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Deciding who is in charge of the remote control has long been a bone of contention among families gathered around the TV set.
And now someone else is set to get in on the action – the family pet.
A new television controller has been developed which will give dogs the chance to change channels.
Researchers have created a mat-like device with extra-large controls and a multi-coloured design to help them see – and it also comes with a paws button, of course.
The mat is coated in extra thick plastic so that the pets cannot chew through the wires.
The device, designed by Ilyena Hirskyj-Douglas, a PhD researcher in animal computer design at the University of Central Lancashire, and pet company Wagg, is currently being tested by 20 dogs and their owners.
The plan is to have it on the market next year priced at about £50. Ms Hirskyj-Douglas said the remote was the next step in the growing trend of animal computer interaction, which has prompted many pet-focused interactive toys.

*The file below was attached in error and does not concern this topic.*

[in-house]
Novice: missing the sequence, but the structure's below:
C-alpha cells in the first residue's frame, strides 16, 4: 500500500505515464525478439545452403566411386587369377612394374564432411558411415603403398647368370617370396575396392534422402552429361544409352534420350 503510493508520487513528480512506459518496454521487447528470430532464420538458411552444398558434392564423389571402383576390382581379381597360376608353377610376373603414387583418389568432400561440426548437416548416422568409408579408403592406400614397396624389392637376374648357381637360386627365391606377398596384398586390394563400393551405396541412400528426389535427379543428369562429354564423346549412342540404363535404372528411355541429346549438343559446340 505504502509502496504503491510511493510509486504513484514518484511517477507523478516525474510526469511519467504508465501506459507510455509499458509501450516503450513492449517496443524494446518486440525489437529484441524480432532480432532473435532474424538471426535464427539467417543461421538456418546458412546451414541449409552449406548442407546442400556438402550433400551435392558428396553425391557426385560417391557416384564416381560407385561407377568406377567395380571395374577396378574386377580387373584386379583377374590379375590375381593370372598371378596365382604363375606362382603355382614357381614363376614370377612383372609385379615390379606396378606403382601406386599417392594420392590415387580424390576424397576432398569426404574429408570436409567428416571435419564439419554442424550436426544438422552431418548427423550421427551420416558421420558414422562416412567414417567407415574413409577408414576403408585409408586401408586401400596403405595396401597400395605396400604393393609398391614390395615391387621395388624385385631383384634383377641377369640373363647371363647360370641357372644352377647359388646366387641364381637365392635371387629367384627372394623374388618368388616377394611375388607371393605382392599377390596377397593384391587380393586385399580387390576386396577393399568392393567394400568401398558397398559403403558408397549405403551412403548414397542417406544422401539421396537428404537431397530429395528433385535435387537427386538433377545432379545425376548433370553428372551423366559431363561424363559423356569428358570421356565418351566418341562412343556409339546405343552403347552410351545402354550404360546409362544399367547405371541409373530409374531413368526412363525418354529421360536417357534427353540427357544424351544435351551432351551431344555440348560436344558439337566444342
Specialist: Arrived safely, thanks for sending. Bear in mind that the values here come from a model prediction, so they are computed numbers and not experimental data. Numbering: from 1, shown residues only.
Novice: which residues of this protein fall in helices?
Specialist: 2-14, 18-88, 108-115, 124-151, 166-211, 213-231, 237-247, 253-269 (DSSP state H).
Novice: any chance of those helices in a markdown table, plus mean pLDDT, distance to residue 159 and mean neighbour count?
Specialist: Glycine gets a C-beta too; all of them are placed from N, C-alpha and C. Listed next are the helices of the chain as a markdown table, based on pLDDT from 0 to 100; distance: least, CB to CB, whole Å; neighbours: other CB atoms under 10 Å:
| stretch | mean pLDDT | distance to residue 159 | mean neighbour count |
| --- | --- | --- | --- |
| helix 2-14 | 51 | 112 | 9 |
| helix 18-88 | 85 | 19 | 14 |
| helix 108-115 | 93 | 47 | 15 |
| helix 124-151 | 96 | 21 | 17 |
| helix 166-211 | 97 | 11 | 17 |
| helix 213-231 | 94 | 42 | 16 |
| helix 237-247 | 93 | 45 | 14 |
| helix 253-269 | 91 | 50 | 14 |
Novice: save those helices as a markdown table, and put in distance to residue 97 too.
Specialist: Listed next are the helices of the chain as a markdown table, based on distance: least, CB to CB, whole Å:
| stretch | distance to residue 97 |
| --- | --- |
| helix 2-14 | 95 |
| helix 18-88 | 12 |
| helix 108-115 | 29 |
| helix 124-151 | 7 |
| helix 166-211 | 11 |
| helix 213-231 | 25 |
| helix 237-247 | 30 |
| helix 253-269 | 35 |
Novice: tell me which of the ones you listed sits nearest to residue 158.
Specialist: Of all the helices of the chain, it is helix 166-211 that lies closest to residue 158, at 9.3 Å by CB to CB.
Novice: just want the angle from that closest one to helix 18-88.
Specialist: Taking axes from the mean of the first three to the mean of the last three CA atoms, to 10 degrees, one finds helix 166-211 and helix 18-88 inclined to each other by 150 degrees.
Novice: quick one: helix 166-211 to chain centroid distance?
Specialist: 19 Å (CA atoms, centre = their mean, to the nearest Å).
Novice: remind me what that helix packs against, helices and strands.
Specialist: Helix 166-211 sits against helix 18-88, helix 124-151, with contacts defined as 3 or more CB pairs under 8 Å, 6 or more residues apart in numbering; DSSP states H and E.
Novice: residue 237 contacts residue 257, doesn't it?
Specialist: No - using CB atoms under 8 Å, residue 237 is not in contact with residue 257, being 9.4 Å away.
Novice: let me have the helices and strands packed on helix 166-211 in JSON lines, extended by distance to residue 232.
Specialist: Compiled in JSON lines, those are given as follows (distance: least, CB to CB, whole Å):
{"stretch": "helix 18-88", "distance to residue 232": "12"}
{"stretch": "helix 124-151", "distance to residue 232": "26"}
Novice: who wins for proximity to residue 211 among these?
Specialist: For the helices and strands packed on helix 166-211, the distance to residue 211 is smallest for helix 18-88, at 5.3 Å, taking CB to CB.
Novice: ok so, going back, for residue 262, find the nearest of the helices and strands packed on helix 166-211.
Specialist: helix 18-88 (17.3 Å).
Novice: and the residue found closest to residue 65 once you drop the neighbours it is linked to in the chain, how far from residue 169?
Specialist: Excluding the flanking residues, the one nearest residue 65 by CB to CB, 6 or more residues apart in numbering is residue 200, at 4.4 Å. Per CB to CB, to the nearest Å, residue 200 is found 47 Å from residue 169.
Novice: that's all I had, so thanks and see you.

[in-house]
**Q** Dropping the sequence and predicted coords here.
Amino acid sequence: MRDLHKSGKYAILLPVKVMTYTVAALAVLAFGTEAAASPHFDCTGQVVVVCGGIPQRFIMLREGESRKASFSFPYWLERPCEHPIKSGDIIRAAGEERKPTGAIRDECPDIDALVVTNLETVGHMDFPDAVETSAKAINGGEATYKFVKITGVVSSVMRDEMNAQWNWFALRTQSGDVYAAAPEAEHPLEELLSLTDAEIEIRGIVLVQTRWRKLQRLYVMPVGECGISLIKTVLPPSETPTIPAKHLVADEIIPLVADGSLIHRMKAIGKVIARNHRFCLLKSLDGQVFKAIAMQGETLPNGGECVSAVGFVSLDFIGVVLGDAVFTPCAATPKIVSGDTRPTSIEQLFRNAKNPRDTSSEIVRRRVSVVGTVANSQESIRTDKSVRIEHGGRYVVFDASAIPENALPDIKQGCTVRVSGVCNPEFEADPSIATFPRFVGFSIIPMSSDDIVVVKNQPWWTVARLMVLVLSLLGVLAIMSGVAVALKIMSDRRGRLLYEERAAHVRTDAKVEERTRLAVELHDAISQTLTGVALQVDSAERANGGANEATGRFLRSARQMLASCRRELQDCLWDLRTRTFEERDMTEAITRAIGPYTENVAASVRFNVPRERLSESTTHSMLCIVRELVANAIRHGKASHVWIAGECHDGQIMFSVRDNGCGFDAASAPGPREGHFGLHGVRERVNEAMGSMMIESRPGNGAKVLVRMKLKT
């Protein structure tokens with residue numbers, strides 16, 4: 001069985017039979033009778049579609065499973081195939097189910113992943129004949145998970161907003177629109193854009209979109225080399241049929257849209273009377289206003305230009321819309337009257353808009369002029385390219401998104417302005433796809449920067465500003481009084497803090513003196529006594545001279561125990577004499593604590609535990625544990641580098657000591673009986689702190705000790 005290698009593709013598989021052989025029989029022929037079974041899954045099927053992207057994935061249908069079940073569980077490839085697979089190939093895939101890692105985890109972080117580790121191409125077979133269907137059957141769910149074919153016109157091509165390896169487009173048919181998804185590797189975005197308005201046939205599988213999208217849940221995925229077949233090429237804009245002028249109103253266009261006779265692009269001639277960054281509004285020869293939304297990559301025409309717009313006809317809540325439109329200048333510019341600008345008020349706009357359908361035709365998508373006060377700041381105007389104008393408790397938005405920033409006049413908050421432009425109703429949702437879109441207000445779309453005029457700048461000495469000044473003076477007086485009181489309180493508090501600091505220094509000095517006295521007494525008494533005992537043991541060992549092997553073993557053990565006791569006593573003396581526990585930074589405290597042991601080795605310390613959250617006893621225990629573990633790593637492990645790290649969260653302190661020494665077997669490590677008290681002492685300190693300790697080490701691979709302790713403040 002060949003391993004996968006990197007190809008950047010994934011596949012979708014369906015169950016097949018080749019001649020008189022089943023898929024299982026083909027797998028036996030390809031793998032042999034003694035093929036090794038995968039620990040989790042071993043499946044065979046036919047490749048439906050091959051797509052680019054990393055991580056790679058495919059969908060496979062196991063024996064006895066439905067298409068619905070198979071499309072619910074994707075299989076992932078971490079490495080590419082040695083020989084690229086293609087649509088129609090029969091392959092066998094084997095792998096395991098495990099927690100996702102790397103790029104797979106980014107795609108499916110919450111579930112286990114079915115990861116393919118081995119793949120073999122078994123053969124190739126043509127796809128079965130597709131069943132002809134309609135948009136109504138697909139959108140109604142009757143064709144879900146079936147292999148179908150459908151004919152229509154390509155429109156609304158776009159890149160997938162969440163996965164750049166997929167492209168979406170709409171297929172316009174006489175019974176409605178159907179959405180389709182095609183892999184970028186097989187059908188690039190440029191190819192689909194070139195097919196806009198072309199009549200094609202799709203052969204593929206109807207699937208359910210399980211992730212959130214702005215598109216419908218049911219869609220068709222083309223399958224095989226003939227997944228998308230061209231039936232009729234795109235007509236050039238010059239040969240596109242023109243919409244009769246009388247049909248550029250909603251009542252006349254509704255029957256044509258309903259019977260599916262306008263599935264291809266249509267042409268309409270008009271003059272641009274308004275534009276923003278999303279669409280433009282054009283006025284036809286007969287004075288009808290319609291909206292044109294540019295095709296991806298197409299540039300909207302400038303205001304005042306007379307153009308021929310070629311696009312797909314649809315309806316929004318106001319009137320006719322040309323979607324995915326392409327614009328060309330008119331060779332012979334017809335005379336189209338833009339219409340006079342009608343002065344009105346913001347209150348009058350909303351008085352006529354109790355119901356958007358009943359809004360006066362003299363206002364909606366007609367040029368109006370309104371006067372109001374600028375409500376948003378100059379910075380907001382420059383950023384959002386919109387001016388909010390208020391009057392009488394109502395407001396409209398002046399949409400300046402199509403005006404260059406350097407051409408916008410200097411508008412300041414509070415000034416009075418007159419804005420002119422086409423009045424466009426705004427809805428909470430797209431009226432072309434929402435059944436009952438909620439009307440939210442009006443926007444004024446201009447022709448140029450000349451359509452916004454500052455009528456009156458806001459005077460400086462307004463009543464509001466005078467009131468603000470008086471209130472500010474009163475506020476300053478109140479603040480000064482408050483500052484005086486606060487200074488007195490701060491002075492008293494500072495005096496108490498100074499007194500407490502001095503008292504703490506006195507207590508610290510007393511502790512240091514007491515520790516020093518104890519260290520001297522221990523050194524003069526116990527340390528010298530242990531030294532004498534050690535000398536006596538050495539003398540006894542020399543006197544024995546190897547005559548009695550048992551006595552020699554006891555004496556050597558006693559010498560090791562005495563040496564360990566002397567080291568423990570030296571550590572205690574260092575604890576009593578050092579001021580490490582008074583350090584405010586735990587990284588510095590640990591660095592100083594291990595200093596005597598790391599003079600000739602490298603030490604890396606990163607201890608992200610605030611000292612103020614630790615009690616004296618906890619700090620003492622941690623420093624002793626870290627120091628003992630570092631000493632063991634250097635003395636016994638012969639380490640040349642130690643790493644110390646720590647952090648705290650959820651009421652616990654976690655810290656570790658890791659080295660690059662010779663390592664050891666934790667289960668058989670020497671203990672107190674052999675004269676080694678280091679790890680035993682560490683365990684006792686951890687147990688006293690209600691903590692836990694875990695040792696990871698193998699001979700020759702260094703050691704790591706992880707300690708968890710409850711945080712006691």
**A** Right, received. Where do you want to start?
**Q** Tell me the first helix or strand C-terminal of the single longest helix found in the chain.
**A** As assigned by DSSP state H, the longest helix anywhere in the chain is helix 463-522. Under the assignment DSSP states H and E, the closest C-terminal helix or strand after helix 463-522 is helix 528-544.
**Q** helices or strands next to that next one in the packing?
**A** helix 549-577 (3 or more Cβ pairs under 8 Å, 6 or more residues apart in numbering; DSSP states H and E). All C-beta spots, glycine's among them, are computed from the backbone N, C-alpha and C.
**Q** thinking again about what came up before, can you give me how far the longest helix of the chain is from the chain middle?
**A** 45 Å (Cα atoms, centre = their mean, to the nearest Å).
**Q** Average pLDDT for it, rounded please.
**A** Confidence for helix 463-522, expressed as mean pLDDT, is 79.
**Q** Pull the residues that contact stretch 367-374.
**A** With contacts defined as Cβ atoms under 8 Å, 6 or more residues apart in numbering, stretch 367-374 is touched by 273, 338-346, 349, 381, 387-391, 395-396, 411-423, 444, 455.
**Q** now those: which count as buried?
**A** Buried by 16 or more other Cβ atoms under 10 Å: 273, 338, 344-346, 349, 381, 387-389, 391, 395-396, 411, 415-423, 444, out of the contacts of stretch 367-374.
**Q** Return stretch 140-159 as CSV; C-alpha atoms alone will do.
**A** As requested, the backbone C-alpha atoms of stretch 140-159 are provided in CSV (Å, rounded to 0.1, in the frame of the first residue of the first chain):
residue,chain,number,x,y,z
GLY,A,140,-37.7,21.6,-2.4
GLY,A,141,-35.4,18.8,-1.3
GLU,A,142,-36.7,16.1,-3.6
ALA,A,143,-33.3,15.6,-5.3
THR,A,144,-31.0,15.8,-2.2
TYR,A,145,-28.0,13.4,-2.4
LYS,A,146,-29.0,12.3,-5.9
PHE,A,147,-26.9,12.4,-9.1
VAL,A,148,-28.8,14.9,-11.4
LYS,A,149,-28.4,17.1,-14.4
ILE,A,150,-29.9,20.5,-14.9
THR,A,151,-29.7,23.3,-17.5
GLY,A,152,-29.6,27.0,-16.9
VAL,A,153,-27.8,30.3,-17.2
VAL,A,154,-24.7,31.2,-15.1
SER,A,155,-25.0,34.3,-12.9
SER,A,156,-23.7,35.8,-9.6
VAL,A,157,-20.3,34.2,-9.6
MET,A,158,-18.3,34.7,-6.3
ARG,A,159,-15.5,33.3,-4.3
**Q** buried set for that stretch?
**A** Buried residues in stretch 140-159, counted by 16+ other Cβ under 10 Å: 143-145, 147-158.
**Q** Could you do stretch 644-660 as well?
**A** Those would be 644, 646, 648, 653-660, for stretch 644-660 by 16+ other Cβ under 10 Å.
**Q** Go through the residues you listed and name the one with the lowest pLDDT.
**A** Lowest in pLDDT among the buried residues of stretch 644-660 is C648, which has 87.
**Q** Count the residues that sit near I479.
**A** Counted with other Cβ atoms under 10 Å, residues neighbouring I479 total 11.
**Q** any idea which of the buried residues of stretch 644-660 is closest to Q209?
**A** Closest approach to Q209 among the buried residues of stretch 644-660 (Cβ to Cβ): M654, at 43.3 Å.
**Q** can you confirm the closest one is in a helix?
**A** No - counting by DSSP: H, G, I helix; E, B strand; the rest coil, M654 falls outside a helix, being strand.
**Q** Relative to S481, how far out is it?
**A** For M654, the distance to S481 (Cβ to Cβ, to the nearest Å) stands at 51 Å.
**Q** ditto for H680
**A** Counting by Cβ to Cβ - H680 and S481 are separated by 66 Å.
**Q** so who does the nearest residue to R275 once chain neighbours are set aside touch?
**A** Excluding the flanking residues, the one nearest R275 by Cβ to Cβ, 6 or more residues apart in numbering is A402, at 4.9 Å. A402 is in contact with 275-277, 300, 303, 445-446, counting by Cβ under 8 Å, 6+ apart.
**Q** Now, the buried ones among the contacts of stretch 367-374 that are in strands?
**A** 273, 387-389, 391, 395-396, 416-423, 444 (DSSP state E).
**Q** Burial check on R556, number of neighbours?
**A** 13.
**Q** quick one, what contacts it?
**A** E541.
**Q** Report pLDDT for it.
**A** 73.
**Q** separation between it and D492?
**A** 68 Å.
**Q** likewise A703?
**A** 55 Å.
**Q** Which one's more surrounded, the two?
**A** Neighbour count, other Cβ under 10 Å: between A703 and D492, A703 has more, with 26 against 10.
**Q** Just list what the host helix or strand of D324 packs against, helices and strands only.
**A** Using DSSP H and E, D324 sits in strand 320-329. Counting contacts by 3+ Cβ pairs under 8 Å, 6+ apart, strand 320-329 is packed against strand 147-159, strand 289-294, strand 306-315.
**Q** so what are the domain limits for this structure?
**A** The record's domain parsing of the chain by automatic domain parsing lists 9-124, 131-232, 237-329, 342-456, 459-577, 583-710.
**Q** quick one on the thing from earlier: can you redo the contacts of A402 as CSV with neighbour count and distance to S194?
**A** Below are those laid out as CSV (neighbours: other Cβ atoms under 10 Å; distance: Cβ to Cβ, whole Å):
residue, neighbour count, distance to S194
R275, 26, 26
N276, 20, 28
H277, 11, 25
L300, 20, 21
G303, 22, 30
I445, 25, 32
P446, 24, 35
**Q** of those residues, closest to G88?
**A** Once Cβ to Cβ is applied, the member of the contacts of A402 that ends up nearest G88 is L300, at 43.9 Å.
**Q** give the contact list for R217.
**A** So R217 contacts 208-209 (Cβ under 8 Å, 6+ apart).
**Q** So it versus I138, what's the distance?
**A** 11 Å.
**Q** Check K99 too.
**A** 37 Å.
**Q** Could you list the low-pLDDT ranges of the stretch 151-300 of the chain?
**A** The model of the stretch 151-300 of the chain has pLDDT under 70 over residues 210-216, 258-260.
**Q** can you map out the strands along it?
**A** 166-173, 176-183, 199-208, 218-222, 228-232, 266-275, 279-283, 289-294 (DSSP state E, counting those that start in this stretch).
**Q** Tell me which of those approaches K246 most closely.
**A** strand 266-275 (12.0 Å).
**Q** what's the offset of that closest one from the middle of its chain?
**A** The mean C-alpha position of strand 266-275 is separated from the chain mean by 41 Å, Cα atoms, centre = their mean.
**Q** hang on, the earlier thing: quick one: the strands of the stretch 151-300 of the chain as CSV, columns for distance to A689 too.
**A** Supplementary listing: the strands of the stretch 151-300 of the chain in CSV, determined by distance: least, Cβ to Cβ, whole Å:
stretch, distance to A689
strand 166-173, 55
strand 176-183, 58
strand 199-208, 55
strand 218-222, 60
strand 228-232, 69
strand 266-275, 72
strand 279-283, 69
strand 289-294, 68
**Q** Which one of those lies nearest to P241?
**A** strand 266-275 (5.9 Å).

‘By building TV technology for dogs, we can provide entertainment for them when they are alone or through participating in activities with us,’ she said.
‘This works towards the overall aim of dog technology to provide enrichment and improve their welfare.’
Ms Hirskyj-Douglas added that her research had shown most dogs liked watching videos of other dogs, with Crufts an obvious favourite. Another canine hit is Britain’s Got Talent, which often features animals performing tricks.
‘Dog technology opens up new routes for research into dog behaviour, their intellectual capacity and cognition,’ Ms Hirskyj-Douglas said.
Wagg claimed its research showed the average British dog spends an hour and 20 minutes a day in front of the television and often barks along to popular theme tunes. And 91 per cent of dog owners admitted that their pet regularly sits on the sofa watching television with them.
So far, the prototype is able to change five terrestrial channels, but Wagg hopes future models will link to all of an owner’s TV services.
Dan Reeves, from Wagg, said: ‘Dogs are a key part of family life so, why shouldn’t they get to choose what to watch on TV every now and then, just like the rest of us?’